“A declaration that the forcible abduction of the plaintiff in Kenya on the 19th of June, 2021, and his consequent forcible extraordinary rendition to Nigeria without due compliance with extant laws, were done in blatant breach of Article 12(4) of the African Charter on Human and Peoples Rights (Ratification and Enforcement) Act CAP, A9, LFN 2004, Section 15 of the Extradition Act CAP E25, Laws of the Federation of Nigeria 2004, Part 5 (A) (Transfer of Individuals) Principles and Guidelines on Human and Peoples Right while countering Terrorism in Africa; and Article 13 of the UDHR, 1948.
“A declaration that the plaintiff shall not be subjected to any form of criminal trial or further detention upon his illegal and unlawful rendition to Nigeria, particularly with reference to the newly introduced amended charge filed in Charge No: FHC/ABJ/CR/383/2015, between F.R.N V. Nnamdi Kanu, after he was illegally, forcibly and unlawfully renditioned to Nigeria.
Fashola Faults ‘Coat Of Arms’ Display On National Flag
Former Minister of Works and Housing, Babatunde Fashola, has cautioned Nigerians from inscribing the coat of arms on the national flag, saying doing so is a misuse of the national colours.
Fashola said this on Monday, during a live appearance on Channels Television’s Empowering Tomorrow: A New Vision for Nigeria, a special programme on the 63rd anniversary of Nigeria’s independence celebrated annually on October 1.
“Just this afternoon, I was asked to hoist a flag of Nigeria. By the time the flag unfurled, I saw that there was a coat of arms in the middle and I whispered to my host that ‘this is not the flag of Nigeria’. Nigeria’s flag does not have a coat of arms in the middle. It is green, white, and green”, Fashola said.
The former minister also said that Nigerians should pay attention to “some of the small things that matter”, adding that national symbols are to be rendered during recognised events for the country at large.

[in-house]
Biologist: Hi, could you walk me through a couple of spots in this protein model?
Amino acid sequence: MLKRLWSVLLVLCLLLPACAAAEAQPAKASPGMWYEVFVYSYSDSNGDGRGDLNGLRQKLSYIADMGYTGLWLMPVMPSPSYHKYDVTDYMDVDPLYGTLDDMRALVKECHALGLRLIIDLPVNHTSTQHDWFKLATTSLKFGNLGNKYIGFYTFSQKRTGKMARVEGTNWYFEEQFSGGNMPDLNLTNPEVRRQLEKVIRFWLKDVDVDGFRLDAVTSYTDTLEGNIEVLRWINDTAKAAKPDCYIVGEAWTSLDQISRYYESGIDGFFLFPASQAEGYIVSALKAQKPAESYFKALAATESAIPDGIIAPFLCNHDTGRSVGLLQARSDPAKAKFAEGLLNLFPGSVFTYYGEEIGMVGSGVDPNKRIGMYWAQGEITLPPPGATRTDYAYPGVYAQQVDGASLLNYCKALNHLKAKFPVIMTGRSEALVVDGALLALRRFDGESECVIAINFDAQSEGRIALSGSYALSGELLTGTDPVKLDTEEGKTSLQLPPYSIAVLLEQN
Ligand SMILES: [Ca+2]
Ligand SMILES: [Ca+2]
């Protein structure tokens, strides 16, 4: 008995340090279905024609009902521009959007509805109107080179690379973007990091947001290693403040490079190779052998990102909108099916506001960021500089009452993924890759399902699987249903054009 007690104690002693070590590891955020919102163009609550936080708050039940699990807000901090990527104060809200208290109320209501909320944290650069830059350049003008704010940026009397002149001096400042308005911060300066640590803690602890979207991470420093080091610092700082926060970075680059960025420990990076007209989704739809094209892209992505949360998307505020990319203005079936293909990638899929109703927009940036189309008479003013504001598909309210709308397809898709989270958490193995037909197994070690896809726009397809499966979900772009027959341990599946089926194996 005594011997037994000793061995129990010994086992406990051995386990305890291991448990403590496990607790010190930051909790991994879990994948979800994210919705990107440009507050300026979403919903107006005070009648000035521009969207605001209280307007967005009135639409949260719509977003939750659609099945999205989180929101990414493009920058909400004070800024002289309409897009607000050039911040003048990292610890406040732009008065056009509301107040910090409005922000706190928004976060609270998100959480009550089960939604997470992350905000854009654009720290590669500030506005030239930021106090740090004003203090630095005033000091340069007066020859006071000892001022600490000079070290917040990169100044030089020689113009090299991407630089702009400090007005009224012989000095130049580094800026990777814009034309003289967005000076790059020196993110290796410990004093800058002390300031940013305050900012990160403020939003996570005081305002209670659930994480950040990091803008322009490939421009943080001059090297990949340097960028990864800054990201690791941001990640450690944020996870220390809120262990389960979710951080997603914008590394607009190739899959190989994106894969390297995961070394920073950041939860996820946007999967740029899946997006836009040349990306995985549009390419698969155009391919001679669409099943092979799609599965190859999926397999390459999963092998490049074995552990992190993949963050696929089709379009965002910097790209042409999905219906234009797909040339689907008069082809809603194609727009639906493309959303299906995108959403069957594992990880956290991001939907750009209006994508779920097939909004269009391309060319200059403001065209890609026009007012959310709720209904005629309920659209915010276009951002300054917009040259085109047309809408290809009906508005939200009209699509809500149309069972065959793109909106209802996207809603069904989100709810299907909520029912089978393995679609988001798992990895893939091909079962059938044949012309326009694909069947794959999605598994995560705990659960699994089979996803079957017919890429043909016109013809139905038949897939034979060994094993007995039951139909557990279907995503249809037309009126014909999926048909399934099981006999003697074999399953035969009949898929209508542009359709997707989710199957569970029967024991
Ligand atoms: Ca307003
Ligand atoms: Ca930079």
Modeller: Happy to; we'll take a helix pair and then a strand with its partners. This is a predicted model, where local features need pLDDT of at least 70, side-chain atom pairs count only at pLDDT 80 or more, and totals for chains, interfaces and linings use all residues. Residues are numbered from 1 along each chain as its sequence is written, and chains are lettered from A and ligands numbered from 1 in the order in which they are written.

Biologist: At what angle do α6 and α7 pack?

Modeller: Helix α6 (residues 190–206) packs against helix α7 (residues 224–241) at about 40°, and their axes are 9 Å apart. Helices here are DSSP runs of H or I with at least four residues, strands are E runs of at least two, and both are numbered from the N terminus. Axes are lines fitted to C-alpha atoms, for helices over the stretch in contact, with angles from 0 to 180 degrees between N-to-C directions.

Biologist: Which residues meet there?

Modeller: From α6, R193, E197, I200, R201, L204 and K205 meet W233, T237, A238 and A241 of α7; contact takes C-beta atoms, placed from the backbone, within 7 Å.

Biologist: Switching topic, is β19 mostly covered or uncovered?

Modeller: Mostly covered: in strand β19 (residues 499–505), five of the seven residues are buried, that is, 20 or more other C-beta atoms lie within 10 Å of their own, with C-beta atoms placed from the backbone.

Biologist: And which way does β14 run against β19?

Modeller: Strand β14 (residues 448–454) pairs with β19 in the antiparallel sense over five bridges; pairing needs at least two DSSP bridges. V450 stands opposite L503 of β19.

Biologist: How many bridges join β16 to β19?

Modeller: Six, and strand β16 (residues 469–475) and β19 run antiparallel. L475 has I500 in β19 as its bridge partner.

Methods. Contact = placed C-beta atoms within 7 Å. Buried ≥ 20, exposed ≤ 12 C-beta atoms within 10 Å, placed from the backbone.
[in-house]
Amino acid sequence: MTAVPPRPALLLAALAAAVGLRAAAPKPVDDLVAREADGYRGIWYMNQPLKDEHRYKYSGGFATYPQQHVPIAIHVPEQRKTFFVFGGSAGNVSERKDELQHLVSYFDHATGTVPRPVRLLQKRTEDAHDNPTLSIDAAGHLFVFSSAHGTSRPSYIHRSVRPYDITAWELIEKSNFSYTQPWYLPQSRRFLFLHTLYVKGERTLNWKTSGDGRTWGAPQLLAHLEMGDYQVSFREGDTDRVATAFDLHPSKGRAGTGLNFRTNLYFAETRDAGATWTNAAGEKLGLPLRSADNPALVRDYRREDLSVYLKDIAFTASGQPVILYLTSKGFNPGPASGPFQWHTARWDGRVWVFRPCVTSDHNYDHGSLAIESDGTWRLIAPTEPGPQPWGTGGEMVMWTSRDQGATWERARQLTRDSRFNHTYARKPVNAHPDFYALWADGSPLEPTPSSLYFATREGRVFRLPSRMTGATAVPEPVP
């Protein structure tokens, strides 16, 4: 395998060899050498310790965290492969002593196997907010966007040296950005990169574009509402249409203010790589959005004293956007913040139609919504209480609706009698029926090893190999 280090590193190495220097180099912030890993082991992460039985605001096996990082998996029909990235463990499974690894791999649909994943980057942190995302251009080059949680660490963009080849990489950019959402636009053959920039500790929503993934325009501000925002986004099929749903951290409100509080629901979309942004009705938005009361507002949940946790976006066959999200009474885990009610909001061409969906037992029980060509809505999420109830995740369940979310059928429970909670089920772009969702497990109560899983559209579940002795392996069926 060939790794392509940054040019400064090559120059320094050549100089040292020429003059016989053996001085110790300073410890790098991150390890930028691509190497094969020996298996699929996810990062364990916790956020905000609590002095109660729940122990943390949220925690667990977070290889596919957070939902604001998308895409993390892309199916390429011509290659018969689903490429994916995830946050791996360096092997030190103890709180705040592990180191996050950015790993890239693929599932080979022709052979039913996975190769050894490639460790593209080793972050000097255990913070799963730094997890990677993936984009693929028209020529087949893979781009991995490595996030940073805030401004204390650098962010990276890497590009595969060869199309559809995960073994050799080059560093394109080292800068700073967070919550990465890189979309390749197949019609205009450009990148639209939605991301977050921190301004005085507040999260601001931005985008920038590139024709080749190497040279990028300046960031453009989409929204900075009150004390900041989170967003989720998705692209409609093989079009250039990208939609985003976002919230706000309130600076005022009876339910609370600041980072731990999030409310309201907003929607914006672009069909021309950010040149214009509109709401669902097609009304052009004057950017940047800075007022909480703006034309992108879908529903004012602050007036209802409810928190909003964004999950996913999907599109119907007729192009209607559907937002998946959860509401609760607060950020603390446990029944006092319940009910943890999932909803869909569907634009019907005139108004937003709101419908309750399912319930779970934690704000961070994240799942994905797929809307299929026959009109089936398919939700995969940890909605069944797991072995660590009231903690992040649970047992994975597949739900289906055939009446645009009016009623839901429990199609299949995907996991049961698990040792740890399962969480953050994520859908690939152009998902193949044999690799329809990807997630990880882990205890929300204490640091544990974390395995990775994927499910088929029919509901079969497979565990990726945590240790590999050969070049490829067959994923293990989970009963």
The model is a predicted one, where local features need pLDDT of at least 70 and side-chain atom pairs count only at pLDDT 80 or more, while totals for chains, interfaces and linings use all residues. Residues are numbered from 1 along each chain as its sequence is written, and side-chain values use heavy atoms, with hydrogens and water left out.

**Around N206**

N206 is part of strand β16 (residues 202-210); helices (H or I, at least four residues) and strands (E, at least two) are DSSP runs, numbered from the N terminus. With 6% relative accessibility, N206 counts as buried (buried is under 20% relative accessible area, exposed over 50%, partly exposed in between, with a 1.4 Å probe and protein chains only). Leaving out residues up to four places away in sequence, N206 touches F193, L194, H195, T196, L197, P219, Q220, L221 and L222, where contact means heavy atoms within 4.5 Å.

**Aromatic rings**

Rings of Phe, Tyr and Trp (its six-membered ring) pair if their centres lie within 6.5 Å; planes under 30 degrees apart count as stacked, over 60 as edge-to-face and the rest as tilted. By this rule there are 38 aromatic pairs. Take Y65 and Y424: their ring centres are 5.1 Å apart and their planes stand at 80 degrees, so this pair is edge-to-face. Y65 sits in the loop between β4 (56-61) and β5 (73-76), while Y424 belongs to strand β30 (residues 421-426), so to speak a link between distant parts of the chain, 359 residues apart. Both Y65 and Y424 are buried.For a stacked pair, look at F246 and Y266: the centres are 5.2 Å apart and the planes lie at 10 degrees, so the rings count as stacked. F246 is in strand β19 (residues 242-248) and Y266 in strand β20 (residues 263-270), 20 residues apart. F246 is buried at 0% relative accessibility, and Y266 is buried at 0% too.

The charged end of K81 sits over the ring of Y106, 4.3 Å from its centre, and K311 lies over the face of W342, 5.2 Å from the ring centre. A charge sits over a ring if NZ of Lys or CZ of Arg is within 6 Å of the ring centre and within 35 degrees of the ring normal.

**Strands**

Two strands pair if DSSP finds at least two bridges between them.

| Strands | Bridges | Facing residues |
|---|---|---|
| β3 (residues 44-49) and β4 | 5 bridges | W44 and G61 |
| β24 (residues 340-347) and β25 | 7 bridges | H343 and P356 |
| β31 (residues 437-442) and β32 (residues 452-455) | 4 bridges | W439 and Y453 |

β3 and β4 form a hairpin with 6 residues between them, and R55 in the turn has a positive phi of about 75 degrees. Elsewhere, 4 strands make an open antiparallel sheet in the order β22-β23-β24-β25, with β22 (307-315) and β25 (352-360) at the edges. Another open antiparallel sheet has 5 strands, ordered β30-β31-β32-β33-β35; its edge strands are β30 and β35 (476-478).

“When I was in primary school, these were the symbolisms of those Independence Day parades, Children’s Day parades, and this was how we were taught to stand up or maintain our position whenever we heard Nigeria’s national anthem being rendered,” Fashola said.
“You sit today and you shudder in your skin what happens today, what people have been taught when the national anthem is rendered”, he added.
The former governor of Lagos also spoke out against the rendition of the national anthem “at every little event”, including when the president appears at a social event, saying it is to be sung as the symbol of the country’s sovereignty.
“I have had cause to ask people not to sing the anthem for me, either as governor or minister, because I’m not a sovereign. It’s a projection of our minds,” he said.
“These are, for me, the important things to talk about and that’s why I say this anniversary provides an opportunity for reflection and, indeed, inflection”, Fashola added.
NCDC Records 1,968 Lassa Fever Cases In 28 States
The Nigeria Centre for Disease Control and Prevention (NCDC) has registered 1,068 Lassa fever infections across 112 local government areas in 28 states of the federation.
The NCDC said this yesterday, via its official website in its Lassa Fever Situation Report for Week 37 (September 11 -17, 2023).
The centre indicated that 75 percent of the cases were detected in Ondo, Edo, and Bauchi states.
Lassa fever is a viral hemorrhagic fever caused by the Lassa virus. It is primarily found in West Africa, particularly in Sierra Leone, Liberia, Guinea and Nigeria.
The virus is transmitted to humans through contact with the urine or feces of infected rodents, specifically the multimammate rat.
According to the NCDC, there are currently 7,352 individuals with suspected cases and the infection has resulted in the unfortunate loss of at least 181 lives in the country.
The centre said that the case-fatality ratio of the infection stood at 16.9 percent.